2020: Impact of the COVID-19 pandemic on patient safety

  • 4th December 2020

Earlier this week, Patient Safety Learning’s Chief Executive, Helen Hughes, looked back over 2020, highlighting some of the big themes in patient safety we’ve seen this year and our own work in these areas.

This is the first of five mini blogs, where we give an overview of each of these themes in turn. Today, we look at the impact COVID-19 has had on patient safety.

As an additional option to the text below, you might like to watch the following short video from our Business and Policy Manager, Mark Hughes:

The pandemic’s effect on non COVID-19 care and treatment

While the healthcare system has rightly focused its attention on the deadly effects of COVID-19, we made the case this year that we need to pay attention to patient safety now more than ever; the pandemic has both magnified existing patient safety issues and created new challenges.

One major area of our focus has been the pandemic’s impact on non COVID-19 care and treatment, and the consequences for patient safety. To develop our understanding of this issue, in March we launched our #safetystories campaign, asking for patients with issues not related to COVID-19 – and yet facing new challenges because of it – to share their stories with us on the hub. Our aim was to find common themes and report to healthcare leaders with our insights, so we could help close emerging patient safety gaps as the health and care system prioritised COVID-19.

Later that month, we published our first blog on the potential impact of COVID-19 on patient safety, outlining where we thought the pandemic would have the biggest impact on patient safety.

The pandemic continues: identifying and addressing further risks to patient safety

As the year progressed and we identified different risks to patient safety that were exposed by the pandemic, we urged:

  • For patient safety considerations to be placed at the heart of the design and development of new ventilators for the NHS (March). At the time, the Government was focusing on the fast delivery of additional ventilators to meet increasing demand. This included development of ventilators, not just by established manufacturers, but also by companies who hadn’t previously produced them.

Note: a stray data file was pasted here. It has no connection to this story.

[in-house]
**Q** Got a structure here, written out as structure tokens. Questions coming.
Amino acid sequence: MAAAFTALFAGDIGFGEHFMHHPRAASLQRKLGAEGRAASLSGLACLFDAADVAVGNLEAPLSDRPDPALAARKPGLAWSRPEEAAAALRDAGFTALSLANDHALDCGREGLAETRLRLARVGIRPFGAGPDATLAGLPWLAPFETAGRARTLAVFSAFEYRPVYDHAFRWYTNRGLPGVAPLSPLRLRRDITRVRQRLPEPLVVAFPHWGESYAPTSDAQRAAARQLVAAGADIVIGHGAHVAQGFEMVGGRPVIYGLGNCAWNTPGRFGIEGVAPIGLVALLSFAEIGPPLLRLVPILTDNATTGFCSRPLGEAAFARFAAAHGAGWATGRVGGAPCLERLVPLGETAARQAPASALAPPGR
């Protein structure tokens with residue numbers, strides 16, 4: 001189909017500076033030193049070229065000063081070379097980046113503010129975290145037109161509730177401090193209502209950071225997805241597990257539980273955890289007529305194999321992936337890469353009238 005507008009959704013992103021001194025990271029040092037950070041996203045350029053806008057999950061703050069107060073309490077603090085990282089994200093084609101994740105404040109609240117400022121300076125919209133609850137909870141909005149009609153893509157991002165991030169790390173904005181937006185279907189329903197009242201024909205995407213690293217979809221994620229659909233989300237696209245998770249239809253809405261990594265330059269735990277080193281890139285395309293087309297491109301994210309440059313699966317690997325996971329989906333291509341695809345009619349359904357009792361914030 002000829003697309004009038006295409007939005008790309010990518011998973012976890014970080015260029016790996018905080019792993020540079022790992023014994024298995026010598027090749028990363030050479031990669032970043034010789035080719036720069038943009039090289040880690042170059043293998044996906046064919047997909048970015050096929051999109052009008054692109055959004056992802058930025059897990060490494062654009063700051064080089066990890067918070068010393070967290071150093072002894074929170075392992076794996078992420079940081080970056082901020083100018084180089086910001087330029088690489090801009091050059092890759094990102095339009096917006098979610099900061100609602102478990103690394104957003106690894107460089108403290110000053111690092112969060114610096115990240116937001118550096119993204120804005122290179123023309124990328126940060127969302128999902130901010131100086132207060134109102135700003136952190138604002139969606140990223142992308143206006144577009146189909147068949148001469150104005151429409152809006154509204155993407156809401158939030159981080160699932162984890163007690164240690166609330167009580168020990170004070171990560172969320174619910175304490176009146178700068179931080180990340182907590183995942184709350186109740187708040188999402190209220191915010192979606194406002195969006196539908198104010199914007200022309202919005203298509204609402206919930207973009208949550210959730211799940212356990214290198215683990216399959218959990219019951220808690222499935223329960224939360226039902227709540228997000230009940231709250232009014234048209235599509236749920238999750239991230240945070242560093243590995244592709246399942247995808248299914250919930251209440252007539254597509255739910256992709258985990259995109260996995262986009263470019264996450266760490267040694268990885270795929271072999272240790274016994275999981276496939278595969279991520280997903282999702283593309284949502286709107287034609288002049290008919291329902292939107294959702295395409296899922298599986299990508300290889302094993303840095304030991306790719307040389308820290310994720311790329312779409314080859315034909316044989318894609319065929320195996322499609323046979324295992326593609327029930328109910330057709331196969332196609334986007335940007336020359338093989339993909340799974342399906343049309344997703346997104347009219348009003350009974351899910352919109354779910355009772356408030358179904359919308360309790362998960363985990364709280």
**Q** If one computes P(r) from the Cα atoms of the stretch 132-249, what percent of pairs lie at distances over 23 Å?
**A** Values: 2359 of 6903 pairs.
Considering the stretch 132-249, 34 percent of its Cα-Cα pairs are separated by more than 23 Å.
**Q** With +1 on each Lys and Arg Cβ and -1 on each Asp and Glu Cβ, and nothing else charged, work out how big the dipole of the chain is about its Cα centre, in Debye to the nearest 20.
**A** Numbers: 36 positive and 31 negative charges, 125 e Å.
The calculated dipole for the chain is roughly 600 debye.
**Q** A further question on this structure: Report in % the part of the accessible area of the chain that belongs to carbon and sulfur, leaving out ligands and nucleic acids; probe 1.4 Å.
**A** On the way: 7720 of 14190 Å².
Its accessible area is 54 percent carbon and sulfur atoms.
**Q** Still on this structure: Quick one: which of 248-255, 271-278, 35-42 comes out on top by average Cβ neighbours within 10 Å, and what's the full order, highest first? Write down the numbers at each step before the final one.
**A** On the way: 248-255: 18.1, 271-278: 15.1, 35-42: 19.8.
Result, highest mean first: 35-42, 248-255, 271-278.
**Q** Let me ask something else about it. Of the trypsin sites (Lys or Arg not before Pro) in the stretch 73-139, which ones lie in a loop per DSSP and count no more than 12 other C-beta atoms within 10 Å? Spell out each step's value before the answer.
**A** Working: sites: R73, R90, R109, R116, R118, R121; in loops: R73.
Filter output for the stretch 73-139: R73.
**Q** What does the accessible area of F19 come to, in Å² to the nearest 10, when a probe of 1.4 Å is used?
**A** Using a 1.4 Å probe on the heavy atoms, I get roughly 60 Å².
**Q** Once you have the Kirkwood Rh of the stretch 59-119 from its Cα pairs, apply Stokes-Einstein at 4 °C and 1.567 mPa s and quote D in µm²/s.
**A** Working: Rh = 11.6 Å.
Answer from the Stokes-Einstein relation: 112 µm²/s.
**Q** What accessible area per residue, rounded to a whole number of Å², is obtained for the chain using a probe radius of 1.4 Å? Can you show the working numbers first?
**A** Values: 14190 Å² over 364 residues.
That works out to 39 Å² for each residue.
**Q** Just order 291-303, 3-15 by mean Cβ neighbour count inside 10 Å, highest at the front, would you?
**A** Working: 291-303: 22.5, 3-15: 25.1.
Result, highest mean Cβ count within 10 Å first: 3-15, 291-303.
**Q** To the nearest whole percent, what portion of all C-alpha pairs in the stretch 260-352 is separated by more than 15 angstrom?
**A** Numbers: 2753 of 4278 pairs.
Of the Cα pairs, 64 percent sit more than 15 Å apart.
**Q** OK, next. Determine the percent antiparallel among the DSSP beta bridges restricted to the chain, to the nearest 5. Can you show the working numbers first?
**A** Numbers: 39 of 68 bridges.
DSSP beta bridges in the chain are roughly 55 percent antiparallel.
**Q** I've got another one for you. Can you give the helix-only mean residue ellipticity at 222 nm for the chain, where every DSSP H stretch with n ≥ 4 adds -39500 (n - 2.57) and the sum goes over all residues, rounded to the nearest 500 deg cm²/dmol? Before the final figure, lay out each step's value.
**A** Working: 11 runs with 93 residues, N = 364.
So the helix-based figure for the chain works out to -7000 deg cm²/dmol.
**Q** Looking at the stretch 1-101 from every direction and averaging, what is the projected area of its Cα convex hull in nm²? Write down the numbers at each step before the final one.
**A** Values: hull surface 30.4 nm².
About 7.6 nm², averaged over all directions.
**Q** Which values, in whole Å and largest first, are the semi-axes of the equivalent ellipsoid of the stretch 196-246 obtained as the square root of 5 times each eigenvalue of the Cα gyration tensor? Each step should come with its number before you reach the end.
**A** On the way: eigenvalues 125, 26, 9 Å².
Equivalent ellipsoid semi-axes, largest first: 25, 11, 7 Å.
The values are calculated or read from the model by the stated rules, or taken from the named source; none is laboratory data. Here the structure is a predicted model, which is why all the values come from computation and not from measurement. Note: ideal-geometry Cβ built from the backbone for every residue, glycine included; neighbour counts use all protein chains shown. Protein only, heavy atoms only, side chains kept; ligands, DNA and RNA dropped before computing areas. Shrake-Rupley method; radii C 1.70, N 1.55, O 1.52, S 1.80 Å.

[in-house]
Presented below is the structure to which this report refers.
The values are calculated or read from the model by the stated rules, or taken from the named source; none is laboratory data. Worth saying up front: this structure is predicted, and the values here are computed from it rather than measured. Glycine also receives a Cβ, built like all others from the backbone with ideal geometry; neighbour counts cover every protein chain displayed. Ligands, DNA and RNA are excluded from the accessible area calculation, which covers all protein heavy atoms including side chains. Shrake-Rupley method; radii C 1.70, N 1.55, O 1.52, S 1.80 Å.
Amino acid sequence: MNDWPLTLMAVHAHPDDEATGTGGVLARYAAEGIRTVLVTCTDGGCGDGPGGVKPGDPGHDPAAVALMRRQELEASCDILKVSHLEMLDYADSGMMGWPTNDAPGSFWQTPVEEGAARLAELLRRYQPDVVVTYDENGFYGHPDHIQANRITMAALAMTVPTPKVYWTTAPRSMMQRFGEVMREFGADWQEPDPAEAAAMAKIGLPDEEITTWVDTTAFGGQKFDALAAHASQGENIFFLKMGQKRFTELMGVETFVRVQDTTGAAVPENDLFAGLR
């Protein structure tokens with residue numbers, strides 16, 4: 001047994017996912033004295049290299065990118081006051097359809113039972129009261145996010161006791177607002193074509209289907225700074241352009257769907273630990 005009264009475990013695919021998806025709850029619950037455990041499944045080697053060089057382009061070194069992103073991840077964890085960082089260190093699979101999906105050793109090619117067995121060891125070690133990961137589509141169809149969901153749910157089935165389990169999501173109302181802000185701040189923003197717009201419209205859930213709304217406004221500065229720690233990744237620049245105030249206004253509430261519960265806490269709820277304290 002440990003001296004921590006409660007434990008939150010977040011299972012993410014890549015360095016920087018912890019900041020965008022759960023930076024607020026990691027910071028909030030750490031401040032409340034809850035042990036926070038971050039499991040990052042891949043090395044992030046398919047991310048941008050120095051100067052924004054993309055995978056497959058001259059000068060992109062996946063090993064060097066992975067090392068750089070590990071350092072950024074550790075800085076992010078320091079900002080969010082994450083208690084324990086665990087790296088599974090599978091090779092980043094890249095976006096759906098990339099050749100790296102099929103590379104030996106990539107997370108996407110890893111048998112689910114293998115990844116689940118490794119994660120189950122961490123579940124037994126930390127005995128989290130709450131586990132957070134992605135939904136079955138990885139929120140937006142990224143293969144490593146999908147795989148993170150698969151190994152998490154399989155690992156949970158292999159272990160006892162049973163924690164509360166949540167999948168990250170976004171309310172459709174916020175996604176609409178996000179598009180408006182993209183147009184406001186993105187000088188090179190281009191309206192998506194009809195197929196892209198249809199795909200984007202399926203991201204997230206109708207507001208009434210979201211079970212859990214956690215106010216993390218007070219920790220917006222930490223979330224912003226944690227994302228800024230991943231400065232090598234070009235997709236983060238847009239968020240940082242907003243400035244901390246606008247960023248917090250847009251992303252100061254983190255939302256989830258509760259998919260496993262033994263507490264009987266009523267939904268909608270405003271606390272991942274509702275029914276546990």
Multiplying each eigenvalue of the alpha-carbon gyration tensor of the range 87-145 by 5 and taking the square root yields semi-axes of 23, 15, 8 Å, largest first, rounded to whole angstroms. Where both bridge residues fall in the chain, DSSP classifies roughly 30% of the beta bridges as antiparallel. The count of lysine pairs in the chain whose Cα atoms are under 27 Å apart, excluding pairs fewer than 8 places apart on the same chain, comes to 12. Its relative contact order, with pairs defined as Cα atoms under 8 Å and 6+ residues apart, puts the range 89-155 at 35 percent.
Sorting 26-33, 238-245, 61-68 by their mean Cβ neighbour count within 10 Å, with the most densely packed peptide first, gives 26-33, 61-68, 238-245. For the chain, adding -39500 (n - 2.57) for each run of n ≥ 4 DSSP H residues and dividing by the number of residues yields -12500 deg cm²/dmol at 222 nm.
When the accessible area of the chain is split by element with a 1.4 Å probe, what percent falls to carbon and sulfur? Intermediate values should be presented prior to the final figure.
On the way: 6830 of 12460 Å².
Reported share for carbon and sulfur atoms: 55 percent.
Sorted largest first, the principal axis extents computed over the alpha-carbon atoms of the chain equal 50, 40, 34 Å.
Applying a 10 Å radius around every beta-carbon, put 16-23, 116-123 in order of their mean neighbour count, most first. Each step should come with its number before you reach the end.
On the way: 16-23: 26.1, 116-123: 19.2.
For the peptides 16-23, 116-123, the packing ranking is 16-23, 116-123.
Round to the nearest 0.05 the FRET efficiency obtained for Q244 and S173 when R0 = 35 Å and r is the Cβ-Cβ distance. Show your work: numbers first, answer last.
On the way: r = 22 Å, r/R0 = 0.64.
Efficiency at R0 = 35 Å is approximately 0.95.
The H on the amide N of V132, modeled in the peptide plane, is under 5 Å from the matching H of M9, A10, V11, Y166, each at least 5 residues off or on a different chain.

• For the Government to tackle patient and staff safety concerns arising from the increased pressure on social care (April). Social care was already under immense pressure well before the spread of COVID-19 but, as the pandemic took hold, the sector had to respond to additional risks, such as short supplies of PPE and the increased number of rapid hospital discharges.
  • For trusts to address patient safety concerns impacting maternity services, particularly in relation to women choosing to have home births (April). This came after evidence suggested that more women were requesting to birth at home to reduce the risk of contracting COVID-19 while in hospital.
  • For clarity around the large number of false negative COVID-19 test results (April). A high rate of false negative COVID-19 test results means that a significant number of people could be carrying the virus, wrongly assured they are not infectious.
  • For the NHS to put in place a clear strategy to address the backlog of cases for elective surgery (June). We stressed the importance of this being done in a systemic way, with a published strategy that would help to ensure decisions regarding the priority of cases are made transparently and with patient safety at the forefront.

Ensuring the voices of patients and staff are central to our work

As our work in this area progressed, in May, we held a webinar with HealthPlusCare, titled ‘Patient safety: Time for questions? Non COVID-19 care and treatment’. Over 500 participants, including clinicians and patients, joined our discussion on the impact of the pandemic on non COVID-19 care and treatment.

We used feedback from the discussion to inform our submission to the Health and Social Care Select Committee’s Inquiry, ‘Delivering Core NHS and Care Services during the Pandemic and Beyond’. Many issues we raised were highlighted in their report, published at the start of October.

Looking forward

As 2020 comes to a close and we move into the new year, the pandemic continues to hugely impact health and social care. We remain an independent voice for patient safety in this area, bringing attention to patient safety issues the pandemic exposes or creates, and engaging with partners to call for the NHS and Government to act urgently and reduce avoidable harm.

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